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The Science of Cannabis Extraction

Cannabis is a simple, straightforward substance that is incredibly easy to use. All it takes is a cannabis flower, a bit of drying time, a match, and a good pipe or rolling papers to give users their desired effects.

The Science of Cannabis Extraction

However, that doesn’t mean that more complicated methods of consumption don’t have anything to offer. For centuries, cannabis users have been extracting the active compounds from the cannabis plant to create concentrates, which offer more intense effects than the raw flower. In the 21st century, extraction methods have become incredibly high-tech, which helps preserve the potency and purity of the pot. If you are wondering how cannabis extracts are made, read on.

Solvent-based Extraction

The most common way to extract valuable compounds from plant matter is with solvents, which tend to be affordable and easy to use. In cannabis extractions, the most common solvents are butane and propane; if you see in a San Jose dispensary that a cannabis concentrate was created through a process called “BHO” or “PHO,” that manufacturer used butane or propane, respectively.

The processes involved in this extraction method are relatively straightforward. First, cannabis and liquid solvent are placed together so that the butane or propane can pass over the plant material. As the solvent “washes” the cannabis, it dissolves and carries away desired chemical compounds, like cannabinoids and terpenes, as well as fats from the plant, and it leaves the unwanted fiber behind. The process can involve several items of washing to increase the concentration of the final product. When the washing step is complete, the extractor needs to separate the solvent and the cannabis compounds, which involves a vacuum transforming the solvent from a liquid to a vapor, which leaves the cannabis compounds behind.

Solvent-based extraction doesn’t require complex or expensive machinery or components, and some home extractors have experimented with solvent-based extraction for decades. However, there are some downsides to this method. For one, both butane and propane are extremely flammable, and extraction rigs have been known to explode due to wanton sparks or flames. For another, both butane and propane are toxic, and failing to remove all traces of them from the final product can result in low-quality extracts that harm end-users.

Though solvent-based extractions have been popular for many years, increased regulations in the cannabis industry will likely reduce their frequency of use. Thanks to more extensive investments, many manufacturers now have access to a better — albeit more expensive — extraction process, which involves CO2.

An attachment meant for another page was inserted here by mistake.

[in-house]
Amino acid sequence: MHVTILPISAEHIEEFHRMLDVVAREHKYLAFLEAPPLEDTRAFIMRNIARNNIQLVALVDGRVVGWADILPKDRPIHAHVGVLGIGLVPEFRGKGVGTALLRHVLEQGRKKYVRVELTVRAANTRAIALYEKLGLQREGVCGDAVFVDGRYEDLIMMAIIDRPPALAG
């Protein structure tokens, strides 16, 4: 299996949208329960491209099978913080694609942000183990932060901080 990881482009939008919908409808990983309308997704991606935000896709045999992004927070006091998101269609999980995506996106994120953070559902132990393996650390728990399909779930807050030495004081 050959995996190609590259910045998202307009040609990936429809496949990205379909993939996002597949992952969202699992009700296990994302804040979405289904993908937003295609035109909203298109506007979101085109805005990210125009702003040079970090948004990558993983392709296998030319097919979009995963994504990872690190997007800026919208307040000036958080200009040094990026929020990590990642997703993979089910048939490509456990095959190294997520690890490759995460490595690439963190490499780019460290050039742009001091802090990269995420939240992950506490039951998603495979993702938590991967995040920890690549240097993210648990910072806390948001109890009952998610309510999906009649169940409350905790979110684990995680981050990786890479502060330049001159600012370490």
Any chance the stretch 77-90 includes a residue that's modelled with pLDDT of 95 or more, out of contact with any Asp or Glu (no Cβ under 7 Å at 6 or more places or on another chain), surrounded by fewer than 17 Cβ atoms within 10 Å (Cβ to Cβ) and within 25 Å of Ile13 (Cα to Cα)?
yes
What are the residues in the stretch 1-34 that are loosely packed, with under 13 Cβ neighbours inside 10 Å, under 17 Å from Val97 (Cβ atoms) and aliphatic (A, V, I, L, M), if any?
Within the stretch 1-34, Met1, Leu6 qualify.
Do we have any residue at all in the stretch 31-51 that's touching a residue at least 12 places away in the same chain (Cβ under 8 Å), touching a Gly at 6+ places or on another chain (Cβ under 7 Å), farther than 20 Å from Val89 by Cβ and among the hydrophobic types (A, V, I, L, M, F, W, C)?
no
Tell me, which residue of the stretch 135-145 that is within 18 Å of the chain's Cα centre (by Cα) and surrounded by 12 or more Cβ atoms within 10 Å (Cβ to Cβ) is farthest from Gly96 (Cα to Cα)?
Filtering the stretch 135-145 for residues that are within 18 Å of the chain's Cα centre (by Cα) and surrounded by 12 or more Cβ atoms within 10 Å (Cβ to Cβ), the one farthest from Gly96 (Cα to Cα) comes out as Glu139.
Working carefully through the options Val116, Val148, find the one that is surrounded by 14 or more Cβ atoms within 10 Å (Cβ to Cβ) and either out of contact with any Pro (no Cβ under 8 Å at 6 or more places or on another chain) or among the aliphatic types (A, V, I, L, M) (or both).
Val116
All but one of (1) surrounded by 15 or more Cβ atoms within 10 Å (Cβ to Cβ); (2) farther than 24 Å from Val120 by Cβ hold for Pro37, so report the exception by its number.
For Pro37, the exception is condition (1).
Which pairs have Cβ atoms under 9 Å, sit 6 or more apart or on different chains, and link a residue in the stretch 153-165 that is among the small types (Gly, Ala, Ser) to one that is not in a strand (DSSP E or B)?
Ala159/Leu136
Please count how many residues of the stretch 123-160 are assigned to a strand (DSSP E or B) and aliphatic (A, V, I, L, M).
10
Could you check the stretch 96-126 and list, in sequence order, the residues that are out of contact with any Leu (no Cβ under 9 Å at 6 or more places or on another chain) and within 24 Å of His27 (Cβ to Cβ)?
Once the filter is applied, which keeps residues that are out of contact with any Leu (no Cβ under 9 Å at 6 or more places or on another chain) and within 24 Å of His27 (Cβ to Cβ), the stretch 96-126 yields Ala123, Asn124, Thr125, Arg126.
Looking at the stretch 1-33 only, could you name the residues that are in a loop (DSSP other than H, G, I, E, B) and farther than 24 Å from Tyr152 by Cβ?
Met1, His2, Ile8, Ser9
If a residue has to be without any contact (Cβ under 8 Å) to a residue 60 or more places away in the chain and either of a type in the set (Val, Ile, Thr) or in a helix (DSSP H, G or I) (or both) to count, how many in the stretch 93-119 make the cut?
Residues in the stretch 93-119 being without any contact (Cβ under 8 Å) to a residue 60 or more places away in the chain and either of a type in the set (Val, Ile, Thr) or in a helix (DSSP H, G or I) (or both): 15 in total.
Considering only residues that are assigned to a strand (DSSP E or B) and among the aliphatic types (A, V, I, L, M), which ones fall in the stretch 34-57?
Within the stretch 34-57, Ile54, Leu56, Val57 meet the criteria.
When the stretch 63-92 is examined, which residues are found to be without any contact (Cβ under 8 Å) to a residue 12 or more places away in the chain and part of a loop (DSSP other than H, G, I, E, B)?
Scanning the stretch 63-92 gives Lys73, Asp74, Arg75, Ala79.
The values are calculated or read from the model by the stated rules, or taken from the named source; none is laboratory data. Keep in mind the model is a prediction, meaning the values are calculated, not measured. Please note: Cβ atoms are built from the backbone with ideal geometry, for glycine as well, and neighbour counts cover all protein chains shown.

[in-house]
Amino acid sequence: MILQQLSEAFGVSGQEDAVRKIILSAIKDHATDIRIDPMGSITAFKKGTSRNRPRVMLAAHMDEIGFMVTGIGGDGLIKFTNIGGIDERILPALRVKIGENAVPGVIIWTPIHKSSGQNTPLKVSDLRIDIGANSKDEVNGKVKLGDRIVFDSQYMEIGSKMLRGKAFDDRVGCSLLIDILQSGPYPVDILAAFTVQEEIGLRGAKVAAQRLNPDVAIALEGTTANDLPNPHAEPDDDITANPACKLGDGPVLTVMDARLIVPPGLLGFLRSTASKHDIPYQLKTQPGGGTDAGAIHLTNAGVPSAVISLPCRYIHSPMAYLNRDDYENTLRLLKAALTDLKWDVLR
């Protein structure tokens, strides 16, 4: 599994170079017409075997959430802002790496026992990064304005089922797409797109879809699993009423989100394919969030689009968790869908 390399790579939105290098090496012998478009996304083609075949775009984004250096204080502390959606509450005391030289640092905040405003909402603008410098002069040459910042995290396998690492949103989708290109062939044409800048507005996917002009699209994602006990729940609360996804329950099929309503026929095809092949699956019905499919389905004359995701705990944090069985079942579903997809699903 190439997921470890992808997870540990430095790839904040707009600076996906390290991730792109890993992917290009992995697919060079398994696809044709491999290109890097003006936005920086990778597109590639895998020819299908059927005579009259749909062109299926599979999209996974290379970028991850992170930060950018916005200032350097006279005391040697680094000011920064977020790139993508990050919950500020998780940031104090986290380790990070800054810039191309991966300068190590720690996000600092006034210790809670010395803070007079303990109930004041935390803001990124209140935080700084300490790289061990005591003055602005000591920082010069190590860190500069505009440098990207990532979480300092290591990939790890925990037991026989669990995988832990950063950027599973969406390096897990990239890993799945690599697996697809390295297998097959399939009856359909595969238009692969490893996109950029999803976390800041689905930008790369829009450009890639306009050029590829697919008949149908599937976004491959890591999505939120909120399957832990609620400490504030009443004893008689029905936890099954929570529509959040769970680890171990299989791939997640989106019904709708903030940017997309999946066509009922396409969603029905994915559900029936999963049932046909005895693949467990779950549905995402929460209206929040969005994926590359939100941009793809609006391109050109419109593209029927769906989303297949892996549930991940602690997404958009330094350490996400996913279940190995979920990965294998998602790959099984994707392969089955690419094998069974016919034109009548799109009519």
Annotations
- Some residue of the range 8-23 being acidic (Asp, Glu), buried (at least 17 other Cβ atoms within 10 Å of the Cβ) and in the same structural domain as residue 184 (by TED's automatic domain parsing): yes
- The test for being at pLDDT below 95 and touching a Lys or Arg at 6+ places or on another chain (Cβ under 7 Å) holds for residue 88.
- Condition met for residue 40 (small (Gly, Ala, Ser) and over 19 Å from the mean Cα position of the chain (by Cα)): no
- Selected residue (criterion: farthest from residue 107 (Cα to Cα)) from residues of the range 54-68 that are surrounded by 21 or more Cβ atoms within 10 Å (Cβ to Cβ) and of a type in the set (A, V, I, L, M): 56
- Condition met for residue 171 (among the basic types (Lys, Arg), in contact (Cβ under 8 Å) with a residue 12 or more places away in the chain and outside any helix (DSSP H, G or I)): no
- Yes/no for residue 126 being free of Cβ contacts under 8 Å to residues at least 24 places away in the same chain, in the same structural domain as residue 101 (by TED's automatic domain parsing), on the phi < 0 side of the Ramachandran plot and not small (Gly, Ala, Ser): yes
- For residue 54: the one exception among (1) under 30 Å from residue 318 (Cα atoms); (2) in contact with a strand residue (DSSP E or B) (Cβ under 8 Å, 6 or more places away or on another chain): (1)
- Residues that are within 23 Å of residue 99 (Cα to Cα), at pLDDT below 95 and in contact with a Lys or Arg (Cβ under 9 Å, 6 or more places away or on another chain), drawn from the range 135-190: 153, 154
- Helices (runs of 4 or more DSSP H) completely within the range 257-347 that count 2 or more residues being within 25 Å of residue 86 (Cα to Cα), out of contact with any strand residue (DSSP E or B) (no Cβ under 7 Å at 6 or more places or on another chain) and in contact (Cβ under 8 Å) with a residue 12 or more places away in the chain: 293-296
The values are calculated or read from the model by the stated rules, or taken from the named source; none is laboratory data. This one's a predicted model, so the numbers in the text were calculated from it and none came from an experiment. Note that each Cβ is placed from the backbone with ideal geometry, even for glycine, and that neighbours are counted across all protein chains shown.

CO2 Extraction

CO2 extraction requires complex and expensive equipment, which means experienced, professional extractors most often perform it instead of DIY extractors at home. Sometimes, this method is called “supercritical” CO2 extraction because the CO2 is used as a supercritical fluid or a gas turned to liquid under pressure.

CO2 Extraction

As a liquid, CO2 acts just like butane or propane in the solvent-based method. The CO2 washes through the cannabis plant material, and as it does, it carries away the valuable cannabis compounds critical for the concentrate. The primary difference between CO2 extraction and BHO or PHO extraction is that once the plant material is sufficiently washed, separating the CO2 from the cannabis compounds is as easy as altering the pressure within the equipment. This immediately transforms the CO2 back into a gas without any traces left over.

Even better, CO2 is recyclable, meaning it can be transformed from the gas into liquid and back again many times. This makes the process more environmentally friendly than solvents like butane and propane, which tend to be released into the atmosphere as vapors.

Dispensary products extracted using CO2 can be more expensive than solvent-based extracts. That is the result of the high cost of the equipment involved and the advanced training required of those operating the equipment. Concentrates made this way can be upwards of three times the cost of raw flower, depending on the dispensary, the extract brand and other factors. Yet, because the final product is much higher quality, you will probably find the higher price tag worthwhile, especially if you prefer it over other cannabis products.

By no means are butane and CO2 the only ways to extract cannabis compounds, but they are the most widely used and most efficient of extraction methods. Perhaps as the cannabis industry evolves, more extraction methods will be invented, and consumers will have even better options for concentrates in the future.

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